“We may have to explore additional options in the future in order to address the large Canada goose population,” Cordts said.
The Minnesota waterfowl report can be viewed online at www.mndnr.gov/hunting/waterfowl.
DNR will announce this fall’s waterfowl hunting regulations in early August.
CO weekly reports
From the DNR
• CO Brian Mies (Annandale) checked anglers this week.
CO Mies worked on waters complaint.
CO Mies conducted boating work crews.
• CO Rick Reller (Buffalo) checked area lakes and rivers for fishing activity.
Anglers were finding some good bass fishing, but overall fishing has slowed.
Reller continues to field numerous calls related to citizens worried about the well-being of young ducks, deer, fox and raccoons.
Enforcement action was taken for angling with extra lines, no ATV registration and operating an ATV on a county roadway.
• CO Steve Walter (Waconia) handled muskrat, goose and raccoon damage complaints.
Wave runner complaints were handled on the crow river running at high rates of speed causing shoreline damage.
A TIP on late night shooting was investigated which turned out to be fireworks.
• CO Jackie Glaser (Mound) worked boating enforcement on Lake Minnetonka over the busy weekend.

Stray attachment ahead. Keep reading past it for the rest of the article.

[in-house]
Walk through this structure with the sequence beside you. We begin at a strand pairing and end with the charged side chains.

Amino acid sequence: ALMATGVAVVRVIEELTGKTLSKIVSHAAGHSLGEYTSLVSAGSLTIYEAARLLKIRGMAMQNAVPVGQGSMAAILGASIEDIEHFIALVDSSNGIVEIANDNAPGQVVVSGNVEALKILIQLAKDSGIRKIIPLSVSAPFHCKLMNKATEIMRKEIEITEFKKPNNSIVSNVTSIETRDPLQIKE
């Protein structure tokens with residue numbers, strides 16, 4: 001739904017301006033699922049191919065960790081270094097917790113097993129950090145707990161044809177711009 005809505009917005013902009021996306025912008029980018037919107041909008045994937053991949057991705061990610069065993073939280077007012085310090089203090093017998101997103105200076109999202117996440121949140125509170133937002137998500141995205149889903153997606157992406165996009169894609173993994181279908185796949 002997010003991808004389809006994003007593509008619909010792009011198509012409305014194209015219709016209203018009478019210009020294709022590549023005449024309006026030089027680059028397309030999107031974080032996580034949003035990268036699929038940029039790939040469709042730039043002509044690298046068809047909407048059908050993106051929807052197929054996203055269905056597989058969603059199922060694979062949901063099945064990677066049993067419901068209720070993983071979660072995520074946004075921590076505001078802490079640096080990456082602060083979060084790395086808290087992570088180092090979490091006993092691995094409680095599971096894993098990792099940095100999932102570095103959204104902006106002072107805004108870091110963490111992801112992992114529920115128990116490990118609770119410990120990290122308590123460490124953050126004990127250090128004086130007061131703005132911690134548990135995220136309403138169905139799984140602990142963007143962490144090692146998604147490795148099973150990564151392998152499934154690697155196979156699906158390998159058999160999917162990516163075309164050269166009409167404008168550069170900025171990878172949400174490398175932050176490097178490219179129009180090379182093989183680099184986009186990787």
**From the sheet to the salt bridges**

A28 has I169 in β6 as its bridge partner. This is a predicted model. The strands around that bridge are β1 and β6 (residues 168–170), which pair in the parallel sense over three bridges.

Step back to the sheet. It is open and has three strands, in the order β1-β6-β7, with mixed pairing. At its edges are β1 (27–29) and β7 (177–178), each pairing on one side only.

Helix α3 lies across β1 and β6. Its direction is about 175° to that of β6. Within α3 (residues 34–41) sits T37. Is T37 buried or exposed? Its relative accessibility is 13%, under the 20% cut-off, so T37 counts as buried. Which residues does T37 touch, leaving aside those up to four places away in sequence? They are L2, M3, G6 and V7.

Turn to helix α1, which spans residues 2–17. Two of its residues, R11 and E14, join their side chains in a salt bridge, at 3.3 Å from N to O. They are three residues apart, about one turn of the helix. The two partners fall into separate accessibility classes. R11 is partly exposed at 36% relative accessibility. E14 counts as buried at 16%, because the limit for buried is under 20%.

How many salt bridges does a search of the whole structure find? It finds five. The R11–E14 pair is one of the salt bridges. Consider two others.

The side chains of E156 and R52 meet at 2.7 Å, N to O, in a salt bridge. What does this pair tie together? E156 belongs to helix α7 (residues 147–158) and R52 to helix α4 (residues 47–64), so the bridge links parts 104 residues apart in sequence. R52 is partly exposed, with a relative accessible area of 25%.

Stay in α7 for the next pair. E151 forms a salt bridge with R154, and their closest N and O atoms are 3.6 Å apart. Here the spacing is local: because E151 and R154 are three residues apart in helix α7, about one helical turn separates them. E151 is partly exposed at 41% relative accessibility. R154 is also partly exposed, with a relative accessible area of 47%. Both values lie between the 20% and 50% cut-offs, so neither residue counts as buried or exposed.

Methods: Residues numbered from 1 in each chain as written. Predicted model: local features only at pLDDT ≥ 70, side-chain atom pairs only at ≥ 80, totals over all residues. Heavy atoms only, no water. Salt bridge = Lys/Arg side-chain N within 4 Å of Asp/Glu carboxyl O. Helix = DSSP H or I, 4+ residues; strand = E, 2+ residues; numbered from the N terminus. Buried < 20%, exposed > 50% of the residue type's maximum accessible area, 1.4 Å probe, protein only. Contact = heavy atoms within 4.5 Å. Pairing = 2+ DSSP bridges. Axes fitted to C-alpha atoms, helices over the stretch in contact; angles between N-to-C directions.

Violations included BUI, failing to display registration, riding on transom, and wake violations. She also checked watercraft for invasive species at public accesses.
Numerous individuals were cited for failing to remove their drain plug.
She also attended taxidermy training at Camp Ripley.
• CO Wayne Hatlestad (Litchfield) checked angling and boating activity.
Additional time was spent checking and advising boaters of the AIS laws.
Hatlestad also followed up on a public waters violation.
• CO Brett Oberg (Hutchinson) continued working angling and AIS enforcement in the area.
Fishing has slowed down in the area due to the heat and the fact the lakes are in full bloom.
However, catfish fishing is starting to pick up with limits of channel cats observed in the bag.
CO Oberg investigated a call of a possible cougar sighting near Hutchinson.
Question of the week
From the DNR
Q: What are spiny waterfleas and what impacts do they have on the states aquatic resources?
A. Spiny waterfleas are zooplankton (microscopic animals) that are native to Europe and Asia and were introduced into the Great Lakes by ballast water discharged from ocean-going ships.
They eat small animals (zooplankton), including Daphnia, which are an important food for native fishes.
In some lakes, they caused the decline or elimination of some species of native zooplankton.
Although the spiny water flea can fall prey to fish, its spine seems to frustrate most small fish, which tend to experience great difficulty swallowing the animal.
Spiny waterfleas can spread by attaching to fishing lines, downriggers, anchor ropes and fishing nets, and can be unintentionally transported in bilge water, bait buckets or livewells.
For more information, visit http://www.dnr.state.mn.us/invasives/aquaticanimals/spinywaterflea/index.html.